If true, this turns the cross into a profound paradox. The same event that condemns humanity also justifies it, standing at once as damning evidence of guilt and a doorway to forgiveness and innocence. What’s more, the very episode that shows humanity at its worst shows God at his best, as he transforms an act of wickedness into a display of mercy and love. It is difficult to imagine themes more relevant to the attacks of September 11.

Suppose God himself has suffered and died at the hands of evil men. Suppose God himself has shown the capacity for taking what was intended for harm and using it for good. Might this affect the way we ourselves face evil and suffering? Might this be a source of strength to someone who is waist-deep in ash and rubble, trying to loosen bodies from steel and concrete?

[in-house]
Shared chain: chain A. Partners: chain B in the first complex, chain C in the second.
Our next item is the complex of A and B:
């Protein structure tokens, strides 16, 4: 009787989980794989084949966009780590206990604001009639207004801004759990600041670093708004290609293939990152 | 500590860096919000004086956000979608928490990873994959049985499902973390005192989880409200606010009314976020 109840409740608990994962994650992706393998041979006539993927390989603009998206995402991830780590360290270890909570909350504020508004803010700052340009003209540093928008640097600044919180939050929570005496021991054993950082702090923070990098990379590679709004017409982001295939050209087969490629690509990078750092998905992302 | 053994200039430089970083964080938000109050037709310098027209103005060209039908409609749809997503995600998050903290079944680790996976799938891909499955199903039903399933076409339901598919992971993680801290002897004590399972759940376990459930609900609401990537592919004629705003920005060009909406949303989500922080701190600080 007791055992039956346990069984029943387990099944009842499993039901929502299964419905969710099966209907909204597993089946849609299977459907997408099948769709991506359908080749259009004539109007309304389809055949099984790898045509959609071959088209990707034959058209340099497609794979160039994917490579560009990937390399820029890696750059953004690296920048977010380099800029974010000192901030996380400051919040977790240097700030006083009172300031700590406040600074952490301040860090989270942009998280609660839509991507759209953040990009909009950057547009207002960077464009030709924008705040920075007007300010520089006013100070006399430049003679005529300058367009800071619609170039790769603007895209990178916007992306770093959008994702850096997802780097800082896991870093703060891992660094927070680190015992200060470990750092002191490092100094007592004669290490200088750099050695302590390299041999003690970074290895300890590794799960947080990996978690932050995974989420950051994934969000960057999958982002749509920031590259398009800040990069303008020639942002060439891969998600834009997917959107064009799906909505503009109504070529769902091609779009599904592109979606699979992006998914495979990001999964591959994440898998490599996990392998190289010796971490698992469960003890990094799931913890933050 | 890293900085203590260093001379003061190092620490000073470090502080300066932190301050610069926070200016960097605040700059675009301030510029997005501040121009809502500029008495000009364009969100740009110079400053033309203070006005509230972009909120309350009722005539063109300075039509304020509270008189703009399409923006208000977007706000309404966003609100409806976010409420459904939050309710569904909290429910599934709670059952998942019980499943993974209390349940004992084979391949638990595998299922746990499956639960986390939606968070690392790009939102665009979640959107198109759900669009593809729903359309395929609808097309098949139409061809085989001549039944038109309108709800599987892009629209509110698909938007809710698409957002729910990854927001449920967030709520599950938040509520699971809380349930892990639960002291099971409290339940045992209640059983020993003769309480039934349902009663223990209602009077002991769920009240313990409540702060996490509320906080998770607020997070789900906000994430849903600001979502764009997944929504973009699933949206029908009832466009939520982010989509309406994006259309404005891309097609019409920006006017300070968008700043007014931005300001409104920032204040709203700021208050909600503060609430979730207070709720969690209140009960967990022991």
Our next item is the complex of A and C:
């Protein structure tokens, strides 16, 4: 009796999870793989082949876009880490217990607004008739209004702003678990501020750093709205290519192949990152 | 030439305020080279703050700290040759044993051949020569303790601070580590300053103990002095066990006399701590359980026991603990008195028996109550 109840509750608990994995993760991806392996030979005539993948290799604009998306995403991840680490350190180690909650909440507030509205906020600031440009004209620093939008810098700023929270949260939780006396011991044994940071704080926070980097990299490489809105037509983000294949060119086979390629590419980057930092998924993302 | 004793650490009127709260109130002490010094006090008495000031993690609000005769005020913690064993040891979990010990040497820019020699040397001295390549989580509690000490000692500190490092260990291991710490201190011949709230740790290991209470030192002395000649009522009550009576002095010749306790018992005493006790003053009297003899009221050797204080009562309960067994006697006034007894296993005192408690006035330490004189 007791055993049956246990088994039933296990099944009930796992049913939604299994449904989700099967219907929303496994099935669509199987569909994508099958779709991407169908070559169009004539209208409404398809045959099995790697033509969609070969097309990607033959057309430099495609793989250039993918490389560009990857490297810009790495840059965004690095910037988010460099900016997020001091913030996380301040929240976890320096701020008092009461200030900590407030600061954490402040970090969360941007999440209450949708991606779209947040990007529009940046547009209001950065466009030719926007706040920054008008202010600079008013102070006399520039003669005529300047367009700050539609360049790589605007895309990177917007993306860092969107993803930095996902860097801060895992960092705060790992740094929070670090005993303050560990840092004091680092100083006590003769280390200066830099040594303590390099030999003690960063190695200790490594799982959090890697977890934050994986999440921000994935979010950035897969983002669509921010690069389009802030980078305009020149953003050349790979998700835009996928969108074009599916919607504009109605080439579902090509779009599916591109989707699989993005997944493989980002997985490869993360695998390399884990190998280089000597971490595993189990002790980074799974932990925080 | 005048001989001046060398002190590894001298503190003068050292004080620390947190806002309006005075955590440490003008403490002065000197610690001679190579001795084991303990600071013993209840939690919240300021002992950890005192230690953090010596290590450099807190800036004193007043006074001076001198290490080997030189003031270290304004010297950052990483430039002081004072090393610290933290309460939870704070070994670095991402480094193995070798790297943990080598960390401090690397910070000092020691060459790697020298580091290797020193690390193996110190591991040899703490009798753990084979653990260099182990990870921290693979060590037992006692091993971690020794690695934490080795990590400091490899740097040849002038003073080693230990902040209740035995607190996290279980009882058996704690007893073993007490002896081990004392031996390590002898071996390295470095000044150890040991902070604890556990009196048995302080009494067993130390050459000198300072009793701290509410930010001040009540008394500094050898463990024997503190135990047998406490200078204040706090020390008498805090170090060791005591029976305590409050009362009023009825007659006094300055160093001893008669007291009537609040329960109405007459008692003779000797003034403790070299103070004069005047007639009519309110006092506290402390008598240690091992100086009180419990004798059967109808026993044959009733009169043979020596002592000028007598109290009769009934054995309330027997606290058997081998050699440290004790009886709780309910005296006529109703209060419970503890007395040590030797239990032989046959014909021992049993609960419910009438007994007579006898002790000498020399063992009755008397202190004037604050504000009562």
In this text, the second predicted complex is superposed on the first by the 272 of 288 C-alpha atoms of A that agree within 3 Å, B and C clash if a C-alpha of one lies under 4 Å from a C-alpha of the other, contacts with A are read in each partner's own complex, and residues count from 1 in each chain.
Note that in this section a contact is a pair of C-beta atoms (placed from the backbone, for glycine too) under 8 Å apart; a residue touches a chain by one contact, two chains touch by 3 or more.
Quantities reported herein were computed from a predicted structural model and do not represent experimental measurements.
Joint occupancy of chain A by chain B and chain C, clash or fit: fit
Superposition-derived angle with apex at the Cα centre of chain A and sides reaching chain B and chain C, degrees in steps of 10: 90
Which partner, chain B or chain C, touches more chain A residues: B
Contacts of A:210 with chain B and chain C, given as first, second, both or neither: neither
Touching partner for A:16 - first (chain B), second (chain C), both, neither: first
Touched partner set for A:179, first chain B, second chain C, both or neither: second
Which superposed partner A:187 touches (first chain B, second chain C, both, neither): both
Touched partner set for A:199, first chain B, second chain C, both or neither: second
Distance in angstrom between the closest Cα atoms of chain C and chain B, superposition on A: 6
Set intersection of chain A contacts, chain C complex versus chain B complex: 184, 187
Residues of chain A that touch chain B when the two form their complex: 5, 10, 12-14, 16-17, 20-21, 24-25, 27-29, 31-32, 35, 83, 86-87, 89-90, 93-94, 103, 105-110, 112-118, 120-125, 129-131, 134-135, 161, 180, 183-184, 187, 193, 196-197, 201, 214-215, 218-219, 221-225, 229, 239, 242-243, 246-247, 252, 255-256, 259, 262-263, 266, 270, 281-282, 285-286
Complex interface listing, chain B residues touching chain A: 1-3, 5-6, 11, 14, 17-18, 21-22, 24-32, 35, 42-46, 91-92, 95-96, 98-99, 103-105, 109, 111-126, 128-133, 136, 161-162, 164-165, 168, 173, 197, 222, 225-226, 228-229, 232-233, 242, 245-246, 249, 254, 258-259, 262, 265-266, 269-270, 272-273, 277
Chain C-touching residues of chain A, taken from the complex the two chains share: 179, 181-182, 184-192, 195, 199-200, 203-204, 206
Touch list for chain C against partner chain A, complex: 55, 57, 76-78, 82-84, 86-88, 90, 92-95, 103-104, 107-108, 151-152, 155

For the person who accepts this narrative, the cross is the only thing that makes sense in the face of a senseless tragedy. But for the person who rejects it, the cross serves as a reminder of an offensive and seemingly absurd accusation, adding insult to injury. The trouble with the cross is that it refuses to be the universal symbol of beauty that some would make it out to be—it speaks life to those who believe, but death to those who do not.

No wonder people disagree about where it should be displayed.

Ryan Holladay is pastor of Lower Manhattan Community Church, which meets two blocks from the World Trade Center site.